Yes, I thought of that but the wheel is very small and the optical parts I use are very large. It would mostly have cosmetic value.

The Dark Boxes are coming.

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svofski wrote:
I've been busy with building a shaft encoder that can fit inside of a standard RC servo. I wrote a report that hopefully might be useful to fellow freaks who are into slowly spinning stuff, even though it's not directly related to AVR.

http://www.sensi.org/~svo/shaft_encoder

Please share your comments and criticisms.

You might look into using the P5587 photoreflector instead of the discreate LED/emittier pair.

http://acroname.com/robotics/parts/R64-P5587.html

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Thank you. I know about P5587 part, but it's not available here, at least not in small quantities, that's why I did the thing in the first place.

The Dark Boxes are coming.

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Here's what I did many moons ago...
http://www.parex.org/weblog/archive/000033.html

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svofski, regarding my servo control circuit. I've had concerns about the current monitoring and I'll add in a small RC circuit as you suggest. I'll also play with it on my prototype to make sure it works as expected.

I plan on getting the board manufactured by ExpressPCB. I've used their free software from their site to put together the circuit drawing as well as the PCB design. I haven't used other software so I can't compare, but it's worked fine for me so far. I should be able to get 18 boards made for about $51 -- less than $3 a board which seems like a good deal.

I've just worked out the TWI/I2C control protocol over the last two days. From the outside the board will look like 32 byte wide registers that represent the state of the servo. These registers are read from and written to using the same TWI/I2C sequences that one would use on an I2C EEPROM. There are also command messages to perform miscellaneous tasks such as write enable certain registers, enable/disable PWM generation and store defaults into the AVR EEPROM.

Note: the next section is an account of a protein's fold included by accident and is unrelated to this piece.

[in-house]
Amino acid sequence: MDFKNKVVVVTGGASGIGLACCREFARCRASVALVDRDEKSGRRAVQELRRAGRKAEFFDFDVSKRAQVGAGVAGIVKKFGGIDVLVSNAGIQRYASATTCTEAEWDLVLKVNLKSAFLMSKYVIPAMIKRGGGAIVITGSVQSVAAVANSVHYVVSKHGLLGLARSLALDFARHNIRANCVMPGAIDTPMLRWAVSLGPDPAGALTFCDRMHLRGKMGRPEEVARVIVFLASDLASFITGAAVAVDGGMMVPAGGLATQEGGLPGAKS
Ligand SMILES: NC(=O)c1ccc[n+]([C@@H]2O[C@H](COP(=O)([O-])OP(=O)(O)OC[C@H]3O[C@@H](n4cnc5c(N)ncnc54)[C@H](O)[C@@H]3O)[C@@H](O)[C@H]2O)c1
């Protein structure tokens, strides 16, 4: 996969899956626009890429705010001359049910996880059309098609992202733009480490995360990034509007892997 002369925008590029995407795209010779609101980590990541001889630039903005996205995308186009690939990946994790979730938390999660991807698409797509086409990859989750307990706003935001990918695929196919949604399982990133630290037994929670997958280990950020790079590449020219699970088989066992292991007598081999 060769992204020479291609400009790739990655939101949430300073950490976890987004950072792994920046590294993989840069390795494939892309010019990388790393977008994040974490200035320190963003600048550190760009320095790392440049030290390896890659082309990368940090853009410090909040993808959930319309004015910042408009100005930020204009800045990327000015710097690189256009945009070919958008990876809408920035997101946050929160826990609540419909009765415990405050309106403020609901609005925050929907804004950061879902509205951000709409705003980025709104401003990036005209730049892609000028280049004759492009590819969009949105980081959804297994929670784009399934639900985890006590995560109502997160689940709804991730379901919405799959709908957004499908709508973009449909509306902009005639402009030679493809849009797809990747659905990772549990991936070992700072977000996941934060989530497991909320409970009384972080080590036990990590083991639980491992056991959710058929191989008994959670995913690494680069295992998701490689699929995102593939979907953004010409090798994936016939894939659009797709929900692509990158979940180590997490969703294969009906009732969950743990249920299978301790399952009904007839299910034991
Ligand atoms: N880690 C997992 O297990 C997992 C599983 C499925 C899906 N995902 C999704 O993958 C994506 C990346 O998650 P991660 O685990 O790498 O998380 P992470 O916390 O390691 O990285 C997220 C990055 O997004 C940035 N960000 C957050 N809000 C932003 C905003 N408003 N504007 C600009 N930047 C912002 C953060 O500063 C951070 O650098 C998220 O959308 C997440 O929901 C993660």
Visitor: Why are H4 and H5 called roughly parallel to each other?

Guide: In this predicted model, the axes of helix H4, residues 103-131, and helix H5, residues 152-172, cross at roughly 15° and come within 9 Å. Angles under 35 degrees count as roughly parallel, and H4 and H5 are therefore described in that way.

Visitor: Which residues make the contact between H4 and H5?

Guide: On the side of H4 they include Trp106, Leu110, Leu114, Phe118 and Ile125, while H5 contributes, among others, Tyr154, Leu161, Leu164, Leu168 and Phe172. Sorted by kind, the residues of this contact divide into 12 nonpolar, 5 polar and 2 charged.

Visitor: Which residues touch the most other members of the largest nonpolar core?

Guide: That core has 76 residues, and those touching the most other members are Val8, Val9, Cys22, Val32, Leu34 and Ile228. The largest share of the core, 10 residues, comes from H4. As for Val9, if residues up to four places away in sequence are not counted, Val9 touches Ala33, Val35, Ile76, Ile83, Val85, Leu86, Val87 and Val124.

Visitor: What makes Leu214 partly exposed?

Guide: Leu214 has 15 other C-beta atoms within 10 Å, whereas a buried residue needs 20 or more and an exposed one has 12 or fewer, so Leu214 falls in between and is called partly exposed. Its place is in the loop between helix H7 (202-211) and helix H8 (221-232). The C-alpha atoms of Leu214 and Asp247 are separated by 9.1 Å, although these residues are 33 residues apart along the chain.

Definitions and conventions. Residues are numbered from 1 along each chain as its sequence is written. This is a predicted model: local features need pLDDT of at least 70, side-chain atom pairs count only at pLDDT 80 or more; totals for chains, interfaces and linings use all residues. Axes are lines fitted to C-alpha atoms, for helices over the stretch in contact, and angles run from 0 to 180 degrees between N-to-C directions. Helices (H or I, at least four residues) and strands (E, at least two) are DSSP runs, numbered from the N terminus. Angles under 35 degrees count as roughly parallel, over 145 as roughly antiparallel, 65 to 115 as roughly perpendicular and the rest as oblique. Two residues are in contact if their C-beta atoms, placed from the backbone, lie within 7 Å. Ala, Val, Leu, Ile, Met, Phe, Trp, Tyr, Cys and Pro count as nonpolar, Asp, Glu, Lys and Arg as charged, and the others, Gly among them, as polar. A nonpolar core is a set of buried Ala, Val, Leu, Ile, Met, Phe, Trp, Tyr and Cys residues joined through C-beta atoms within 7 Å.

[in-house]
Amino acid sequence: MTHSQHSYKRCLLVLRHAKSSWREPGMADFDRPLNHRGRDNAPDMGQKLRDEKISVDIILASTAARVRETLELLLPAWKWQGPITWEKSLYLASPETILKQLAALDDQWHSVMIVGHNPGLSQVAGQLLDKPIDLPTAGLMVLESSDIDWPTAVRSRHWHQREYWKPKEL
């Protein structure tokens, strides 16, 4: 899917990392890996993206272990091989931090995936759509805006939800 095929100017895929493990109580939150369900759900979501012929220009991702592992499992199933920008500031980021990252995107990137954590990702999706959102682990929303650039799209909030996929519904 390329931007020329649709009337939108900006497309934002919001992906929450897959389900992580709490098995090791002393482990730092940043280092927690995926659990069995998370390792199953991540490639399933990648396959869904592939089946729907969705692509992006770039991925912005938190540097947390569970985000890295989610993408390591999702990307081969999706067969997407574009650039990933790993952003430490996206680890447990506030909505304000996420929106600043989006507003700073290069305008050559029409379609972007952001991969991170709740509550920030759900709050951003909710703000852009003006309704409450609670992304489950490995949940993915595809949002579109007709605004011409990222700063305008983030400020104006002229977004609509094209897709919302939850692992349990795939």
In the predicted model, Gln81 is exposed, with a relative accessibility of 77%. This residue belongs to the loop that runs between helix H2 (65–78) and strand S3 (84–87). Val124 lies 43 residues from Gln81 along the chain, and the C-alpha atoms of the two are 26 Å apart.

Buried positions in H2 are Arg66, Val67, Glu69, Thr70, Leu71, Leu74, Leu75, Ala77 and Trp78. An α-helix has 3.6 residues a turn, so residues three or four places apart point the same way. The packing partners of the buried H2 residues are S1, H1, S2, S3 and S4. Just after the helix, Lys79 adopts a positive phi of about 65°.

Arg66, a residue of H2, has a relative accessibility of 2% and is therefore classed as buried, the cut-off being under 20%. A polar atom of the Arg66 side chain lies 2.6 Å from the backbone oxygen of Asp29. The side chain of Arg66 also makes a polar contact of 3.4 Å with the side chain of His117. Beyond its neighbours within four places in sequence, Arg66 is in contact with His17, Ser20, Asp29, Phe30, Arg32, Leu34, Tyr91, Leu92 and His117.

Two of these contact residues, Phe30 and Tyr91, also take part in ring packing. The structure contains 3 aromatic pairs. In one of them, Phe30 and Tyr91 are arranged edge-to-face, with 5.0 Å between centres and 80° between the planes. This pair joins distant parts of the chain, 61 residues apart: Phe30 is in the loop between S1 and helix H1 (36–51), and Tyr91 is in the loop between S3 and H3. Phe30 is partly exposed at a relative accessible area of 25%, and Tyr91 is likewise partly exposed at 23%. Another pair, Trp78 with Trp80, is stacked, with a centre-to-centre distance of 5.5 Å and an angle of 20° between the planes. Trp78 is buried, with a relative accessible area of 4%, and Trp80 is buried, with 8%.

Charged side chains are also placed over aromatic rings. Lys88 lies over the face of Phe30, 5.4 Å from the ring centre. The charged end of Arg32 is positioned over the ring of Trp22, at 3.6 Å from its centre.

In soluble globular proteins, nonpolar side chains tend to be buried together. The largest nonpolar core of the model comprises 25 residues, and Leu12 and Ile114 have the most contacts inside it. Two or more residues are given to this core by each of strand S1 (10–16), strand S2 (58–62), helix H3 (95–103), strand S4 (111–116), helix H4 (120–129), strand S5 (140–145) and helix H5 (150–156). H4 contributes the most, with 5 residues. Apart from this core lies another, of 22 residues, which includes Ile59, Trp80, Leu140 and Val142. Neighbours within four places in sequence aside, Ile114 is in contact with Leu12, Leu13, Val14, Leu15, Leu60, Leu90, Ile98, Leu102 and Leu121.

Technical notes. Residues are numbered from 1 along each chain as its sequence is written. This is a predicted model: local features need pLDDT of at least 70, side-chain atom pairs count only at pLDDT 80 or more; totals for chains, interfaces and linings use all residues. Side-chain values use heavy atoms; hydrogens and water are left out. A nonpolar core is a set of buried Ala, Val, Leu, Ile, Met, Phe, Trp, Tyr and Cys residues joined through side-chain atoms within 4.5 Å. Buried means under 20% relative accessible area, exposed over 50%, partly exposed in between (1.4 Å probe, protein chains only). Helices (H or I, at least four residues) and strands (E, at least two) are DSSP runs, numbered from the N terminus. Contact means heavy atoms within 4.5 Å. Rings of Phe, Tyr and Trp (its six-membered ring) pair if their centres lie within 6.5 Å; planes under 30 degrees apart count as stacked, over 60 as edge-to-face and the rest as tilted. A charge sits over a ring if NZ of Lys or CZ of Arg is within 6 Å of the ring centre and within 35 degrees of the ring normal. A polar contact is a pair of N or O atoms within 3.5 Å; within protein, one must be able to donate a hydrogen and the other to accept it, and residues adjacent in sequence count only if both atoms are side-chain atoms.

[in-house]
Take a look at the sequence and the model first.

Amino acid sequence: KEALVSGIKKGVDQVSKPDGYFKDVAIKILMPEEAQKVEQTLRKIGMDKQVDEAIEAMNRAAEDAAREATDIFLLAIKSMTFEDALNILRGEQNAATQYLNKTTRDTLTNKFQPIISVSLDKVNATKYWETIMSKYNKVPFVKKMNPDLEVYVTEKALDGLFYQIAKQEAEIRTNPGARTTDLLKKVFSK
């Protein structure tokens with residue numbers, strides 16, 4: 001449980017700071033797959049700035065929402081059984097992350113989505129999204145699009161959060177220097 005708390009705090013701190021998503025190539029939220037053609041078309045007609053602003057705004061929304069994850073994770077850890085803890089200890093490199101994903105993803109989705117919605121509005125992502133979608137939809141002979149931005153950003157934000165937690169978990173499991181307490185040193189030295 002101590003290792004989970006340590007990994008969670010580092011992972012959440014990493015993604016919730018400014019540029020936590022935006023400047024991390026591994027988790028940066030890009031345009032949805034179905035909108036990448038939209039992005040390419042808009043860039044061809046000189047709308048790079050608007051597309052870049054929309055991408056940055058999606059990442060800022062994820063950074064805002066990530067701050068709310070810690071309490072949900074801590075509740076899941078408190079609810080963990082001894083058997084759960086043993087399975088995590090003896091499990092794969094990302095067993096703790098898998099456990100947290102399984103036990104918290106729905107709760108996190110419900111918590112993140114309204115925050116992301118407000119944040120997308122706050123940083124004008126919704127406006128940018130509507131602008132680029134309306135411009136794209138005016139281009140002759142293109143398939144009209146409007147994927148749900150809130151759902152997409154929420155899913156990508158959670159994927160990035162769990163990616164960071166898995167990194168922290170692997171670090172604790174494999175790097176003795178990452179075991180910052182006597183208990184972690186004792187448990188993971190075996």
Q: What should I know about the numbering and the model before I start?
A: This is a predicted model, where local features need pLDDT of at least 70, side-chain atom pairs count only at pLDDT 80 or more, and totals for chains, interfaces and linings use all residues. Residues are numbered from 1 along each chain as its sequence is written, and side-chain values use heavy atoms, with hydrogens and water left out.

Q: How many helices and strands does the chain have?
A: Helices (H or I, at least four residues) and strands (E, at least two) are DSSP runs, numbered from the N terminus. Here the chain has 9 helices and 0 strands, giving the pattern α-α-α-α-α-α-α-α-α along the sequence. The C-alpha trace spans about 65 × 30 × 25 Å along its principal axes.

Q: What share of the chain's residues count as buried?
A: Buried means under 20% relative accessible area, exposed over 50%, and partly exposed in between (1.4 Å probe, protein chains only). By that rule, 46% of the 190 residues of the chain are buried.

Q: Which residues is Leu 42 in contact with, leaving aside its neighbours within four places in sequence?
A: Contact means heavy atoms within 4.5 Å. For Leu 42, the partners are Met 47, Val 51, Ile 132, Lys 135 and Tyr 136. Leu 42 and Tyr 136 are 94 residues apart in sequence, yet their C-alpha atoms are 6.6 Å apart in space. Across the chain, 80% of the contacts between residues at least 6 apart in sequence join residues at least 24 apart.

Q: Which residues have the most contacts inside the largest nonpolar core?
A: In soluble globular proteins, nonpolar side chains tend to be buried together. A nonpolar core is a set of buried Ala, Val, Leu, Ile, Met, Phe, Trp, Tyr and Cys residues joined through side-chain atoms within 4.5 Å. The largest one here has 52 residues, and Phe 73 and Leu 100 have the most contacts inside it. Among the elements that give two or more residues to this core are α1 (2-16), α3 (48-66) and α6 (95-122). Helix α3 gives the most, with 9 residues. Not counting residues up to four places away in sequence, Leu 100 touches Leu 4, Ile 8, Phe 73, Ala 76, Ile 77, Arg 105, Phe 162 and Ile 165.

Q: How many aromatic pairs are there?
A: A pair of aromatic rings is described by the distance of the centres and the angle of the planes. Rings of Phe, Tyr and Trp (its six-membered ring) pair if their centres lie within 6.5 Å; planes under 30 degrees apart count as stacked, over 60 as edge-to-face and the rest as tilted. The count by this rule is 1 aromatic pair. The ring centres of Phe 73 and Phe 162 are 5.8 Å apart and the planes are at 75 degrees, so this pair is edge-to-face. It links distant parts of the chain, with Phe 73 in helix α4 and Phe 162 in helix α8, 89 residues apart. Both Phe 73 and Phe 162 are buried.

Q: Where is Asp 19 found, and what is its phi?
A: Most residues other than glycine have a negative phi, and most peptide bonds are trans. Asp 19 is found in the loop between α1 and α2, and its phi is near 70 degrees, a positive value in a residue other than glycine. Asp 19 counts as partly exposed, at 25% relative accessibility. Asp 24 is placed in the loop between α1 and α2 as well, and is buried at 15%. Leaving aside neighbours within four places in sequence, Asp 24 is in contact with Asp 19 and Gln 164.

This project is my reintroduction back into embedded systems after nearly a 20 year hiatus. I looked at a number of different MPU families, but I'm glad I settled on the AVR to play with. The tools have been great and the information on this forum invaluable as I lurked around. I really like the fact the AVR community seems to have a single watering hole such as AVRFreaks where people of all different skills can share ideas and get questions answered.

I'll keep you updated as I make more progress on my servo design.

Mike

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Regarding a shaft encoders, I always thought it would be interesting to attempt to use a an optical mouse sensor to directly detect rotation of a disc or shaft. The following application note (warning, non-AVR related) shows an easy way of hooking to such a sensor in a hacked optical mouse:

http://www.kronosrobotics.com/An...

The surface observed by the sensor would just have to have enough features for the DSP internal to the sensore to detect movement. The sensor would then give a steady output of direction and rate of rotation.